Weekly Update: to

by | August 1, 2020

Here’s your Canadian Atheist Weekly Update for to .

[Chart of racial resentment by religious tradition and political ideology. The chart shows a racial resentment score by political ideology – “very liberal”, “liberal”, “moderate”, “conservative”, “very conservative”. Each ideology is further broken up into “agnostics”, “atheists”, “Catholics”, “evangelicals”, and, “nothing in particular”. The racial resentment score of all religious groups increases with political ideology, from liberal to conservative. However, the more conservative, the less difference there is between the religious groups, until at “very conservative”, their error bars almost completely overlap. On the other end, there are marked differences between the religious groups. At “very liberal”, the racial resentment scores of evangelicals and Catholics are virtually identical, and around seven or eight times the score of atheists, “nothing in particular” is around five times, and even agnostics score around twice as high as atheists.]
Also keep in mind that there are far more left-leaning atheists than conservative atheists… like almost two orders of magnitude more. This is why atheists are still considered to be far less racist in general; there just aren’t that many conservative atheists dragging our numbers down.
  • [] Therapist’s 3 ‘possibly fraudulent’ degrees lead to questions about B.C.’s failure to regulate

    Bethany Lindsay’s focus in this piece is on BC, but this is a cross-Canada problem. It is absolutely astonishing, and alarming, how little regulation there is of some medical disciplines, and how easy it is escape any regulation or scrutiny simply by a careful choice of title. For example: “Dietitian”? Legit professional, required to provide medically-sound, evidence-based advice. “Nutritionist”? A complete craps shoot – they’re regulated in Alberta, Québec, and Nova Scotia, but nowhere else. What about “dietician” (note the spelling)? Good question! The “therapist” in the article apparently went to a couple of Bible colleges and got degrees that were completely unrelated to psychology (okay, maybe the second degree might have been relevant? but it came from a school that was later shut down by Idaho for giving out bullshit degrees, sooo…), bought a psychology degree from a Dominican diploma mill, then set up shop as a “doctor of psychology”. All kosher in BC apparently. She was only called out when a real psychologist noticed that she was actually giving dangerous advice. And it’s not clear that she could ever face any consequences.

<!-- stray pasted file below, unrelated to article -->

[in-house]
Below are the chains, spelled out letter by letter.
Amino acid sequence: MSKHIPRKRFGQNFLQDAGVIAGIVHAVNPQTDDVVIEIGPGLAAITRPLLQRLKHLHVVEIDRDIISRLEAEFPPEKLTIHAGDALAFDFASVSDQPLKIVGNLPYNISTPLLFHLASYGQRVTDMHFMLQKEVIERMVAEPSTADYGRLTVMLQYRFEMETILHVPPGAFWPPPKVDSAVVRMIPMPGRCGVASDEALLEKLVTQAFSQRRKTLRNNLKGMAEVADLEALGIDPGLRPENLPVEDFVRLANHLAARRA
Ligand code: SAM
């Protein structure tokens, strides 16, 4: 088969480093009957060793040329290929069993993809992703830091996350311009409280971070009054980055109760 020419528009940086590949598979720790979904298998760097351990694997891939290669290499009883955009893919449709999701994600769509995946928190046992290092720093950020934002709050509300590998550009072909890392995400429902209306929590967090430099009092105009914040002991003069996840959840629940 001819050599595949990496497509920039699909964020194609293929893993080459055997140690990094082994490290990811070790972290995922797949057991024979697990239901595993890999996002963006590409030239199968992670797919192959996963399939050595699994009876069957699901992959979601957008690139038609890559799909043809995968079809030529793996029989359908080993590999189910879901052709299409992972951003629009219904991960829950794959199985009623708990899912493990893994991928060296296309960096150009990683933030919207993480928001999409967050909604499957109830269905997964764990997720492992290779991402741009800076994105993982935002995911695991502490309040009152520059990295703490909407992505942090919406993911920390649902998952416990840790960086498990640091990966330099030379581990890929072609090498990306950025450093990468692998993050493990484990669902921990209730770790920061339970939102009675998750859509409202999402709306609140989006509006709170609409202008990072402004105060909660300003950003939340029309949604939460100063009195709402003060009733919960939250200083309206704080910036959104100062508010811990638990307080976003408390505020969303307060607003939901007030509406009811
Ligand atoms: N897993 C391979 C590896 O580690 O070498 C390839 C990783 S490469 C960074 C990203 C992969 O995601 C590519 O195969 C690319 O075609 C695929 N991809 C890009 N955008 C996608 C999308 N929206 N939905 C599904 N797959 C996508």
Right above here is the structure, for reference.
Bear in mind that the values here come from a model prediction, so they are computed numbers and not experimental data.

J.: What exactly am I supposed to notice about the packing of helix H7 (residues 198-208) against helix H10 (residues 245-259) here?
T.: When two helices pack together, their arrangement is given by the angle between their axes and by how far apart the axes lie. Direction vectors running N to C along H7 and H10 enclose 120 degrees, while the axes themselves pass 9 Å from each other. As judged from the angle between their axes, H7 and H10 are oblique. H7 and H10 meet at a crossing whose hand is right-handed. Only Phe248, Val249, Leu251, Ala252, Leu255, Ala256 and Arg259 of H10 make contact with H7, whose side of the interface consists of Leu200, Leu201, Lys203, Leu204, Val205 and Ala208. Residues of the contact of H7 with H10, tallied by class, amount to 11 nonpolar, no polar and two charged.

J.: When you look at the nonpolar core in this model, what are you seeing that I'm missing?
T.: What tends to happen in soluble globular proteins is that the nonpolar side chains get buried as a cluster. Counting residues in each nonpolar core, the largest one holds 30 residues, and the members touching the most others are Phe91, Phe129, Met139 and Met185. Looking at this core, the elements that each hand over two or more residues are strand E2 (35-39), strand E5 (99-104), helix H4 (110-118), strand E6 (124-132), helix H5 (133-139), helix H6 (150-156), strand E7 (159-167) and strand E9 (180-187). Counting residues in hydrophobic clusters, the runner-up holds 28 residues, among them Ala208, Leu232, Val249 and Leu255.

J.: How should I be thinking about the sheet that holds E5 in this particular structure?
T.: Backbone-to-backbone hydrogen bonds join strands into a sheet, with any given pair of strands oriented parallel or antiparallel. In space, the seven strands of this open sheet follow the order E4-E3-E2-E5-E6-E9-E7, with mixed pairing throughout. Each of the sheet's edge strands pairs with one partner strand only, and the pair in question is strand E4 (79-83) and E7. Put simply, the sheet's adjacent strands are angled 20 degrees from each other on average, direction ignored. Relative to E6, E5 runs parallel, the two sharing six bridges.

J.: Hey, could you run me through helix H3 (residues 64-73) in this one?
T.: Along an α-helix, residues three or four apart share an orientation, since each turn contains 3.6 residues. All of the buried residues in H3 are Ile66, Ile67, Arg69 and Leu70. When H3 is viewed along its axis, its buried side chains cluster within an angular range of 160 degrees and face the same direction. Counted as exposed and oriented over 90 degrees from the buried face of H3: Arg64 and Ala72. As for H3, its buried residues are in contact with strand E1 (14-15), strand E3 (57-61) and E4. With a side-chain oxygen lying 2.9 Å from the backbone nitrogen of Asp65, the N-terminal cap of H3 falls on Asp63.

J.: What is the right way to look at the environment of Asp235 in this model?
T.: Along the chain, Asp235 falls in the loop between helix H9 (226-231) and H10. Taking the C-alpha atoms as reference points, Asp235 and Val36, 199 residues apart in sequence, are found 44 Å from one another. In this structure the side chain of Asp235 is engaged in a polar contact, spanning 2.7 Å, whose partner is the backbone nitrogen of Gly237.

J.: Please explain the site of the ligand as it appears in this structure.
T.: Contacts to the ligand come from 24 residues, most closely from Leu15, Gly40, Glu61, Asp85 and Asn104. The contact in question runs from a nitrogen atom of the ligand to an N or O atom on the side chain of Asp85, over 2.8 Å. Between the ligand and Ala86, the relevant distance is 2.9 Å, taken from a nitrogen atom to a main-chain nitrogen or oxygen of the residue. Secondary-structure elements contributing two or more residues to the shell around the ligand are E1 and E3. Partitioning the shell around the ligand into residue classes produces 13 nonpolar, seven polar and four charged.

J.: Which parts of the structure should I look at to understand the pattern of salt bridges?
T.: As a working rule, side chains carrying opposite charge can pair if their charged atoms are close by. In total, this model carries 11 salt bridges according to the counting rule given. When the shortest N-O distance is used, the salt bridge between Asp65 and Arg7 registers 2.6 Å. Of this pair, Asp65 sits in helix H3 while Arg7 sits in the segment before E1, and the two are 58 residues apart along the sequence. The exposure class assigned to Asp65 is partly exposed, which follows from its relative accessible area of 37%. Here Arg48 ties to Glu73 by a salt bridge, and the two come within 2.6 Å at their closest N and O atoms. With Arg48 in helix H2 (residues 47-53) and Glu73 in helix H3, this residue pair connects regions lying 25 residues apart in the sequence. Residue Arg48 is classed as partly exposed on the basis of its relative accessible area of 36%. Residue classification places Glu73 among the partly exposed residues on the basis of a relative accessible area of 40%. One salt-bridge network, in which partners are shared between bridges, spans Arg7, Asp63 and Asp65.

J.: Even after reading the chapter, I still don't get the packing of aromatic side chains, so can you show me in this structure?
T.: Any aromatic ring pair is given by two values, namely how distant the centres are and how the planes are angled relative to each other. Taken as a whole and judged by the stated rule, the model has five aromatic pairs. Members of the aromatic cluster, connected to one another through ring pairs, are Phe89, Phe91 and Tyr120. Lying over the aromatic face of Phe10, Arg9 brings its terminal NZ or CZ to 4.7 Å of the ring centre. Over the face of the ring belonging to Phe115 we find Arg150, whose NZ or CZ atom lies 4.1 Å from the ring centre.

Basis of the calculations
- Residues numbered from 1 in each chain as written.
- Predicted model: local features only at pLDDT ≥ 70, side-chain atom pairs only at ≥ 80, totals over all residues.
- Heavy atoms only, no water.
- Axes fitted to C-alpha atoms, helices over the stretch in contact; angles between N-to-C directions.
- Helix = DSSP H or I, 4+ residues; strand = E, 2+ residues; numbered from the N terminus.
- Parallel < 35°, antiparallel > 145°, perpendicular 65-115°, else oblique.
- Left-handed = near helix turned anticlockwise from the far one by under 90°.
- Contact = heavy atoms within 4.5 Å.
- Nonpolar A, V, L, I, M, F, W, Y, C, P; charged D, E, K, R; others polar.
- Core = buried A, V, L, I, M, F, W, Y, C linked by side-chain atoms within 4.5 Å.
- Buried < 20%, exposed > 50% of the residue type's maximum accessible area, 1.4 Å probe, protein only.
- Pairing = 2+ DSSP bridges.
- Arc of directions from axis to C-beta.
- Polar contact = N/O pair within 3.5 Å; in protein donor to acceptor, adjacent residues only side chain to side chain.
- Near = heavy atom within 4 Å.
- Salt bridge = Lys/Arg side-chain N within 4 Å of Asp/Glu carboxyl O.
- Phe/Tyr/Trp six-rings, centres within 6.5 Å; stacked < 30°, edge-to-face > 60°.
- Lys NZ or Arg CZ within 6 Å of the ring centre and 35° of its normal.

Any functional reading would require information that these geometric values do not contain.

• [] Ryan Burge 📊 on Twitter

    I don’t normally like to link to Twitter posts, but this item is really about a topic that’s really been generating discussion recently, rather than a specific incident or story. What’s going on is Robert P. Jones – founder and CEO of Public Religion Research Institute (PRRI) – has just published a new book – White Too Long: The Legacy of White Supremacy in American Christianity – and to promote the book, he’s doing a bunch of interviews and publishing a bunch of articles all over the place. For example, here’s a decent piece published by NBC: “Racism among white Christians is higher than among the nonreligious. That’s no coincidence.”. You can find plenty more just by googling his name and/or the keywords. Naturally, all this has sparked plenty of interest in the intersection of racism and religion. However, what I’ve chosen to link to is not any of Jones’s stuff. As interesting as that is, it’s mostly about racism and evangelical Christianity. Instead, I thought it would be much more interesting to feature something about the intersection of racism and atheism. Professor Ryan Burge – who’s always an excellent source of data and who’s been featured on CA multiple times (including just yesterday) – inspired by Jones’s NBC article (linked earlier) and challenged by a reader, looked into what happens when you break down religious belief, political orientation, and “racial resentment” (using US data, of course). Turns out, there’s really no difference between conservative religious people and conservative atheists… they’re all pretty racist; it’s all overlapping error bars on that end. But on the left, things are very different; atheists are significantly less “racially resentful” than Catholics or evangelicals… and as you go further left, also significantly less than Nones and even agnostics!

  • [] Nonbelievers still minimized by Census 2021

    Yeah, this is a problem we tried to fix in time for the 2021 census, and failed, which is tragic. 2021 would have been the perfect time to fix it, because the religion question is only asked every 10 years, and last time was 2011, when there was no long form census… just the broken and ineffectual National Housing Survey. So we already have a 20 year break in the data… instead of picking it up again after that with a terrible question, why not take the opportunity to start fresh with a good question? Eh, well, we’re stuck with it, so we might as well try to make the best of it. So what answer should we give? Well, I’ll probably diverge from Bushfield here, and suggest… “atheist”, not “humanist”. My reasoning is that while neither atheism nor humanism are religions [or] religious groups/denominations, “atheism” is closer to a direct answer to “what is your religion” than “humanism” is. Probably the best you can do, given that the question is terrible to start with. I also really don’t like the idea of thinking of humanism as a religion, or making it valid to say “my religion is humanism”. That just seems to cheapen the idea of humanism to me, and possibly even to betray it. But I could be convinced to change my position on this.